run; soon after arriving I felt that here all my needs would be met. Rooms and suites come with harbor, garden, pool or city views. Ours overlooked the harbor, and I must admit that sipping a cocktail on the balcony above the 60-berth marina and watching the comings and goings of superyachts can be hypnotic. Bathrooms are modern marble marvels with a lovely line of Le Labo Rose 31 toiletries. When it’s time to dine, the Hamilton Princess offers choices that put to shame the cookie-cutter eateries at many resorts. The 1609 Bar and Restaurant, named for the year the first colony was established here, is the only one at the new marina and offers fresh-from-the-boat seafood, salads, sandwiches and burgers. We loved the charred octopus, crispy conch fritters and fish tacos for lunch. For breakfast, the Crown & Anchor boasts a huge buffet (a la carte choices too), and you can dine alfresco. The hotel’s crowning culinary glory is Marcus’, Chef Samuelsson’s ode to island fare. The “Ol’ Man’s Shrimp & Grits” was lick-your-plate good; the “Steak Frites” a carnivore’s delight. We ate there twice, and both times were wonderful: fresh, delicious food (think multilayered flavors), great service and perfect people-watching. While you can easily lounge around the hotel and feel completely content, a playground beckons. For one thing, Bermuda is a golf lovers’ dream, with more courses per capita than anywhere else in the world. One award-winning course, Robert Trent Jones’ Port Royal, has stunning views of the ocean. In fact, the 16th hole requires a 235-yard shot over the Atlantic. As one would expect, Bermuda is one of the best places to sail (no wonder the island played host to the 35th staging of America’s Cup this summer, beating out respected sailing venues like Newport and San Diego). You don’t need to be a professional contender to enjoy the sport: The island’s Great Sound, with warm water and perfect wind—usually around 10–15 miles per hour—makes it ideal for an afternoon of zipping along the sea. Lazier types will delight in one of the pink-

tinged sand beaches (the hue comes from crushed coral from the nearby reef) that line the 75 miles of coastline. Most of the action is at sea level, of course, but if you want to see everything, head underground too. The Crystal & Fantasy Caves in Hamilton have beautiful natural rock formations that are reflected in the caves’ 55-foot-deep pool, giving it an otherworldly feel. History buffs will rejoice in the maritime heritage of this British naval stronghold. Some 91 old forts dot the island and many are open to the public. The Royal Naval Dockyard (it’s been there since the 17th century) is interesting but a tad touristy, as it’s close to the cruise ship port. Check out Fort Hamilton in Pembroke Parish for a less crowded look at old military might. Another fine choice, Fort St. Catherine, is located in St. George, a UNESCO World Heritage Site, which was founded in 1612. You’ll be exploring on foot, as no car rentals are allowed. If you must have wheels, rent a scooter (remember to “drive” on the left). Or, better yet, buckle up in one of the Hamilton Princess’s two-seat Renault Twizy electric vehicles. The narrow, four-wheel Twizy, a compound of “twin” and “easy,” was designed by Renault’s Formula One racing team and can travel up to 50 miles on a single charge. We found it perfect for touring St. George and drove it to Gibbs Hill Lighthouse, one of the oldest cast-iron lighthouses in the world. All that exploring is sure to make you hungry again. Why not try the fish chowder, which is about as close to a national dish as you’ll find? It’s a Manhattan-chowderesque number prepared with tomatoes and onion and seasoned with black rum. Should you get thirsty, every bar proudly serves the Dark ’n Stormy, the island’s signature cocktail. Made with dark rum and ginger beer, the tipple is trademarked by Gosling’s Rum, the oldest and largest export business on the island. It’s a refreshing concoction that in no way resembles the cloyingly sweet rum punches we’ve all tried on other islands. Raise your glass to offer a royal toast—not so much to this delightful visit, but perhaps, to your next.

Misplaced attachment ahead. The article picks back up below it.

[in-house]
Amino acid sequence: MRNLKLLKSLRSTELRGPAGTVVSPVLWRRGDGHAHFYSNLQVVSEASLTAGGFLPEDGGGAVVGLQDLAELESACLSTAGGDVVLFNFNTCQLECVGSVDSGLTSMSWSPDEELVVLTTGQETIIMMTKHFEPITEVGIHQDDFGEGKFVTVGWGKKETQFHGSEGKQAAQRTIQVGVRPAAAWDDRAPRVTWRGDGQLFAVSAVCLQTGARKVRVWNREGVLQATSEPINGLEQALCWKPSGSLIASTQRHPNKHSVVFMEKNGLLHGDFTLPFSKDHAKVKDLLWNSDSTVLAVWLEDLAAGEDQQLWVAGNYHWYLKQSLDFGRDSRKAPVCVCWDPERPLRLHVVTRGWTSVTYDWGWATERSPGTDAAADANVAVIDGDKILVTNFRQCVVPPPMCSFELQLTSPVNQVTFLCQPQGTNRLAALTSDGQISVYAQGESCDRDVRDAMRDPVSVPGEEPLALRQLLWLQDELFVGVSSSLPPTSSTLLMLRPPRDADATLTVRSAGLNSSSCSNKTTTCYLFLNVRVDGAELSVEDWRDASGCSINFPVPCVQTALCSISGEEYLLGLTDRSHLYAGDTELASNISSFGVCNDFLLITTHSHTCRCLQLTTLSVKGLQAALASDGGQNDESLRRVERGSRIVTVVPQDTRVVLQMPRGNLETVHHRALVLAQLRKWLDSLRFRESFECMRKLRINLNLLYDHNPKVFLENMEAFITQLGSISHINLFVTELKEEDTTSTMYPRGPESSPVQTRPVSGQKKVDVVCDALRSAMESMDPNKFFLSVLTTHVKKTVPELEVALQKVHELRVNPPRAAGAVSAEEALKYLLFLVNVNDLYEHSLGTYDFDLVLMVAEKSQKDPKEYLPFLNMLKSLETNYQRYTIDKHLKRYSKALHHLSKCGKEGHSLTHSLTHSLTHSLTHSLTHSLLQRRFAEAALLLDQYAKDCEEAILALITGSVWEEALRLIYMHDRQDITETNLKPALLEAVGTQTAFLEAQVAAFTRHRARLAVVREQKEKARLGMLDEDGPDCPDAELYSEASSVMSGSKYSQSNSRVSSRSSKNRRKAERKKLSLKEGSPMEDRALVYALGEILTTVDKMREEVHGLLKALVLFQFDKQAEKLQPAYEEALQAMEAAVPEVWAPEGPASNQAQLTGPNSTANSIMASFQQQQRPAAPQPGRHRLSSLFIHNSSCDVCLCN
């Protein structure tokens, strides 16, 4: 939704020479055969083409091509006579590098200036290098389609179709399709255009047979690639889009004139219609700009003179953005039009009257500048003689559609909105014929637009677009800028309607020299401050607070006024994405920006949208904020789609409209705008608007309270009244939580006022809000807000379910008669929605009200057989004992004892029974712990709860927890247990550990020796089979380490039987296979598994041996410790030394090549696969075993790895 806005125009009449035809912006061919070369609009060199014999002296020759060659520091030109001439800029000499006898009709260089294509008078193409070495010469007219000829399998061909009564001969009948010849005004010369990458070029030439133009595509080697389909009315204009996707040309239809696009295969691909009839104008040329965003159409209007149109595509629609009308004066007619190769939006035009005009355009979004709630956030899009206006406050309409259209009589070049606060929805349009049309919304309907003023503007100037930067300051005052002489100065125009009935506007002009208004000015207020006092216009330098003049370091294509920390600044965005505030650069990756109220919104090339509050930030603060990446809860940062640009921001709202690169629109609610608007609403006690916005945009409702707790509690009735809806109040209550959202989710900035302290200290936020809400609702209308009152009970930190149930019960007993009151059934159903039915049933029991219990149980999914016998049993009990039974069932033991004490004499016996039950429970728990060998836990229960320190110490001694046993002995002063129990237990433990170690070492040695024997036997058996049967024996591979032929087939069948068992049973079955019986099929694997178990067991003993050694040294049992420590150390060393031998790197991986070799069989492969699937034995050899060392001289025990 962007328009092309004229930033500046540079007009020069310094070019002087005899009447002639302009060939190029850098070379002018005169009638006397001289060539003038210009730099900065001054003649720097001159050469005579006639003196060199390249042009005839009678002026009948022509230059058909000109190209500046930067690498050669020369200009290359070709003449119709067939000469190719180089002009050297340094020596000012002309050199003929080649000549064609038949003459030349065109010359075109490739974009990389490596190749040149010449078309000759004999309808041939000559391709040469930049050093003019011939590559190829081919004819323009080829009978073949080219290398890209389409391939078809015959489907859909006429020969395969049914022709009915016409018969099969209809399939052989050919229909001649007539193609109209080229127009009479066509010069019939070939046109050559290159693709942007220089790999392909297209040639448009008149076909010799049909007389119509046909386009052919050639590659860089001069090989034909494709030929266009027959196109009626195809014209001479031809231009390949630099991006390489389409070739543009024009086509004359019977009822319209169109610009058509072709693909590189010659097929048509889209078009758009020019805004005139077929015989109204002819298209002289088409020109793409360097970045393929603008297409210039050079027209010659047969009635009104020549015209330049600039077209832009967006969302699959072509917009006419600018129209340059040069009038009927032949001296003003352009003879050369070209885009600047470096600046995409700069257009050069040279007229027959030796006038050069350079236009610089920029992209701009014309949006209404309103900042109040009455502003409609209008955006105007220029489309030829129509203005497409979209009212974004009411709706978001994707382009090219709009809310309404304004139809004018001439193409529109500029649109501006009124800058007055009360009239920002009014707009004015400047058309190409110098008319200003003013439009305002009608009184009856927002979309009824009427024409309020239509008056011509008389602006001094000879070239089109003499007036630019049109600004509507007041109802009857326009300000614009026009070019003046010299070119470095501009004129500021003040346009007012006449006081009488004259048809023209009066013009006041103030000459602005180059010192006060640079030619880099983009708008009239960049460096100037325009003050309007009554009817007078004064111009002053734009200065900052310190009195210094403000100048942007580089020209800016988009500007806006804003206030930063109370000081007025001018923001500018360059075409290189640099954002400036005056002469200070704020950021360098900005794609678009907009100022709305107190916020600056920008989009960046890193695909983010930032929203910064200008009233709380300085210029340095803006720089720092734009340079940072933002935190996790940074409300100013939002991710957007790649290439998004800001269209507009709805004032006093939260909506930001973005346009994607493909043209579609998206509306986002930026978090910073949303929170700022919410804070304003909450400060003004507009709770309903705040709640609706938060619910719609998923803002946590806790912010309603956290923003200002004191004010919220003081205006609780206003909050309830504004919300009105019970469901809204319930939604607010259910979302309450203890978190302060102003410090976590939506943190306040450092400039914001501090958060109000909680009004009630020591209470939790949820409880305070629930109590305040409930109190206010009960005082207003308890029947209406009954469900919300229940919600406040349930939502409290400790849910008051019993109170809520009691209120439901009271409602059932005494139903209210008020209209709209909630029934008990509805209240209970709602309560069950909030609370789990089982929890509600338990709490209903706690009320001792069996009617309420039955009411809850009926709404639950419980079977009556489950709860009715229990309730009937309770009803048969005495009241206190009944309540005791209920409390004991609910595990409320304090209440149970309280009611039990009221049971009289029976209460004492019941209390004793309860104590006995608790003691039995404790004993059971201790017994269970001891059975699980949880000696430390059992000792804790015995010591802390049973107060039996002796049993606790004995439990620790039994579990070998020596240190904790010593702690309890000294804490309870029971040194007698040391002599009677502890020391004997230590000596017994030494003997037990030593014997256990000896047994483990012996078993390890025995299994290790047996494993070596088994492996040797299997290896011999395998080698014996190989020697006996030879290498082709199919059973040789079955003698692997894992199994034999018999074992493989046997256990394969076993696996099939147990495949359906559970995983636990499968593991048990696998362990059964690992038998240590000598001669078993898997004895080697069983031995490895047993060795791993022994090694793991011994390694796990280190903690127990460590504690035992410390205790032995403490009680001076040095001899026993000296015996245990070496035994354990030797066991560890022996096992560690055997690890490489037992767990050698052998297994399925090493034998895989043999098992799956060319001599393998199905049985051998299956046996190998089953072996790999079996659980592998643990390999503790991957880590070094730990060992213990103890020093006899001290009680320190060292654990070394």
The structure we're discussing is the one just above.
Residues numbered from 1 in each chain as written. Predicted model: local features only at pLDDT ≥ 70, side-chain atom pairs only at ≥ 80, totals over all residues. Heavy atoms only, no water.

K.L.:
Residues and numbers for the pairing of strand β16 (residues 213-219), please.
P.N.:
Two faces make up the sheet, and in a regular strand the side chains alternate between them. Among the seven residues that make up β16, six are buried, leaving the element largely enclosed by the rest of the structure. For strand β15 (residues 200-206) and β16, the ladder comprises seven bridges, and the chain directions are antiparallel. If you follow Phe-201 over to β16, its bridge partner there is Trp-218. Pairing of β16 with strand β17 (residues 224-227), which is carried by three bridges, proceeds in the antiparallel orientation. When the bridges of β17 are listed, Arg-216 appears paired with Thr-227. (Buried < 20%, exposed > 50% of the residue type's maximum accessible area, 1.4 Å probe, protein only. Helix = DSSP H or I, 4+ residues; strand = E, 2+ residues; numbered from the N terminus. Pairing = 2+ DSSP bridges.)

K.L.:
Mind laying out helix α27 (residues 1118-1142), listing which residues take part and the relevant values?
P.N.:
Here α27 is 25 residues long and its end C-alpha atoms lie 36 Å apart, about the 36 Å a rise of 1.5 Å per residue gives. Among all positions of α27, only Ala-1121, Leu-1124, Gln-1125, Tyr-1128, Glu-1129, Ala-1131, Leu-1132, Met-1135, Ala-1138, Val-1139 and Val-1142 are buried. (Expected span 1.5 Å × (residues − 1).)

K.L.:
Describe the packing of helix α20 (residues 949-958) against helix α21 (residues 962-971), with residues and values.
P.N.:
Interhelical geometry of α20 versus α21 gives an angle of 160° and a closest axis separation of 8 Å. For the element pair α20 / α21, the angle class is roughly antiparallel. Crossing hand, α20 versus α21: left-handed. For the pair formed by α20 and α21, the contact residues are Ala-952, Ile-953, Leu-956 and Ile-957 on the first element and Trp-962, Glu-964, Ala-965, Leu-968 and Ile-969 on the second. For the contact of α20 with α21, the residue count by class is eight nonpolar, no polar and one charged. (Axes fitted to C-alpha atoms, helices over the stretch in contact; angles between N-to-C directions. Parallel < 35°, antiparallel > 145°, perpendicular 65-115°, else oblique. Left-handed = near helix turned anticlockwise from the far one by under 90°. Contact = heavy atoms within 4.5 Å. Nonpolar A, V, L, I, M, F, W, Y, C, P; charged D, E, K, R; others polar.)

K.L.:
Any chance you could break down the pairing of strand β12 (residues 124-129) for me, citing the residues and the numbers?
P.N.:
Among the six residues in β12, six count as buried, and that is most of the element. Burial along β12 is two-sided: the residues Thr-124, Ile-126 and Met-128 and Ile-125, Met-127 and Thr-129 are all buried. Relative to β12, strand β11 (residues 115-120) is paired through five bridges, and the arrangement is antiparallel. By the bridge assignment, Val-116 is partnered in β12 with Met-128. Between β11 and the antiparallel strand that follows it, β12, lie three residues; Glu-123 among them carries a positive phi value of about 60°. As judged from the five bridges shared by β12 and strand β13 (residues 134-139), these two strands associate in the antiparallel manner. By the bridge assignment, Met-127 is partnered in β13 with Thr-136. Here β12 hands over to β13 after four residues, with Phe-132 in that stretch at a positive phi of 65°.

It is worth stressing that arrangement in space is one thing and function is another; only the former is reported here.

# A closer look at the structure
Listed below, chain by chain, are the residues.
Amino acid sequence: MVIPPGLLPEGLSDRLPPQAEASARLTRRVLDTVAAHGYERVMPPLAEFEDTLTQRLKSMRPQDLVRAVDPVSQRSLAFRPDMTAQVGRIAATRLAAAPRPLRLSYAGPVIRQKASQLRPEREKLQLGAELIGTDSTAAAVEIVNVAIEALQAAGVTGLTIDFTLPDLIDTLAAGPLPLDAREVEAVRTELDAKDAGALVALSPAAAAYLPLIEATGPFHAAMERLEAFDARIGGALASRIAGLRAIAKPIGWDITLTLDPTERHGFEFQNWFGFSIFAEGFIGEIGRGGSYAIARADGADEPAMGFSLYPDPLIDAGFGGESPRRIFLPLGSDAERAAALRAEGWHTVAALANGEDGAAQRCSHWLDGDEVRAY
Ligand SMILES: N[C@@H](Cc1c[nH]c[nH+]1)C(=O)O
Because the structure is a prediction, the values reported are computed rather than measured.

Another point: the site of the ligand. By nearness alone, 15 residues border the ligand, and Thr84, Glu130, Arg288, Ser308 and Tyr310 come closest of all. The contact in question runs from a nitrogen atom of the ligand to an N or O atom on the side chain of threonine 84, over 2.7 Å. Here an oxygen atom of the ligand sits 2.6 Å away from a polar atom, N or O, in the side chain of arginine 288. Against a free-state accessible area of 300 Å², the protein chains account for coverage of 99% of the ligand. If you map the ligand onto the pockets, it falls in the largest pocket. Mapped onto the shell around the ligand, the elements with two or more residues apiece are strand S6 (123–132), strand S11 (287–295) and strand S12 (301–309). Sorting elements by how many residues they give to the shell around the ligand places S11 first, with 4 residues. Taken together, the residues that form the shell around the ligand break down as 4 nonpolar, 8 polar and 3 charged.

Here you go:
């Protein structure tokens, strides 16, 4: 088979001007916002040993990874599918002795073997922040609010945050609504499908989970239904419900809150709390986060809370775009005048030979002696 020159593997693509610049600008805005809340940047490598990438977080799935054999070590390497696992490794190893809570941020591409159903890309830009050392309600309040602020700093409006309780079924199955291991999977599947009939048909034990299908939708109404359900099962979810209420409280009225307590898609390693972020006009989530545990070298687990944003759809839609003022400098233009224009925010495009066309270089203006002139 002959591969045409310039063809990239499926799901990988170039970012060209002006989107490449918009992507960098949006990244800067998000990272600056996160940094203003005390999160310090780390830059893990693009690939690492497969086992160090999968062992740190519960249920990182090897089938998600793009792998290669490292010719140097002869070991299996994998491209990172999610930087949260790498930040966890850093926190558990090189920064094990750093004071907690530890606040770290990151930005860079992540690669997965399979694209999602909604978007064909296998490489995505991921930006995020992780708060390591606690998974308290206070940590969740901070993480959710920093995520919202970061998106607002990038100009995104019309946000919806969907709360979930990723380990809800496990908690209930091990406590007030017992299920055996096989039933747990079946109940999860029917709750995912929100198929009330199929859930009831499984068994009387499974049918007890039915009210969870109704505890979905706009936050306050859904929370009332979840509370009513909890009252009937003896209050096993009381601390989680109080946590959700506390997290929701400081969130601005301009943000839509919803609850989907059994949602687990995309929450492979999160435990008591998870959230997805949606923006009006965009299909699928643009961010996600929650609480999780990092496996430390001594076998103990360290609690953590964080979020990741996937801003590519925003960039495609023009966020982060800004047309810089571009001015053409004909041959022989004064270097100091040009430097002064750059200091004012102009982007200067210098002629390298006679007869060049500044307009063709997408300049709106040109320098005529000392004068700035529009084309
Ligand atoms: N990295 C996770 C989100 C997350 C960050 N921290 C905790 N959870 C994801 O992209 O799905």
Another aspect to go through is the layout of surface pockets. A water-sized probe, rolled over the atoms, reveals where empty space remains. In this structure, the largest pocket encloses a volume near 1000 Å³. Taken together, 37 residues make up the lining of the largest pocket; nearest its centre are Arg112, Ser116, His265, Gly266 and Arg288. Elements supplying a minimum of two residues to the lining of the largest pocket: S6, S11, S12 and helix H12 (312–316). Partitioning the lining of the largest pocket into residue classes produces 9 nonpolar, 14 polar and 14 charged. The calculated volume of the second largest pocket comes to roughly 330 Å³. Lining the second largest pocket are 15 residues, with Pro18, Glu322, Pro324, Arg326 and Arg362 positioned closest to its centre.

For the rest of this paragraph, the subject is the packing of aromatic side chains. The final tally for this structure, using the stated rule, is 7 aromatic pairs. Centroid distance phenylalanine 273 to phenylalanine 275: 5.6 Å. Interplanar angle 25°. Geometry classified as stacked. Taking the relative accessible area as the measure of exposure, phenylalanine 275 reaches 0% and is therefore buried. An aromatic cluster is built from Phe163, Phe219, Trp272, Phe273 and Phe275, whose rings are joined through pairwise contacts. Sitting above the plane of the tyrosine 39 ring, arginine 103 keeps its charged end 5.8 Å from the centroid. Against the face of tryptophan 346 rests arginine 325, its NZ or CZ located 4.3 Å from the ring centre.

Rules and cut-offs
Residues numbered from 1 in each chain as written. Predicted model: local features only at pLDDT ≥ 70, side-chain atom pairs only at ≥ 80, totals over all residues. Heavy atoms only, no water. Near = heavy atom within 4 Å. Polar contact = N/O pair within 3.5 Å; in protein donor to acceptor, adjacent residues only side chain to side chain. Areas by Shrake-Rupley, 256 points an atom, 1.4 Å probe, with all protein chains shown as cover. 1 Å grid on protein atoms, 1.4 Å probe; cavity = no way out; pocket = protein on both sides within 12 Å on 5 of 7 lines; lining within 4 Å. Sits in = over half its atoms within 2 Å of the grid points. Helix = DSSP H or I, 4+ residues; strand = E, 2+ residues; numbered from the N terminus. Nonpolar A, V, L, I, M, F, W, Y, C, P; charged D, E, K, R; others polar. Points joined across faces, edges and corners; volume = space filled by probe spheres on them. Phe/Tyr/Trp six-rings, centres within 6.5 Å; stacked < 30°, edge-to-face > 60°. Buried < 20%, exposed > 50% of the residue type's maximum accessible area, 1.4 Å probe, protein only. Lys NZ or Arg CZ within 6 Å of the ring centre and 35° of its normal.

Opposite page, from top, left to right: Watching yachts taxi in and out of the marina is a leisurely activity at Bermuda’s Hamilton Princess; famed Chef Marcus Samuelsson created a menu inspired by island fare for his restaurant, Marcus’; the iconic hotel offers rooms and suites overlooking the ocean, garden, pool or city; visitors can take in the oceanfront view from Marcus’ or enjoy the more than 60-piece art collection by renowned artists likes Andy Warhol, Jeff Koons, Damien Hirst and Tom Wesselmann.

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FALL/WINTER 2017

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THE BULLPEN

ADVICE FROM THE

STYLE PROS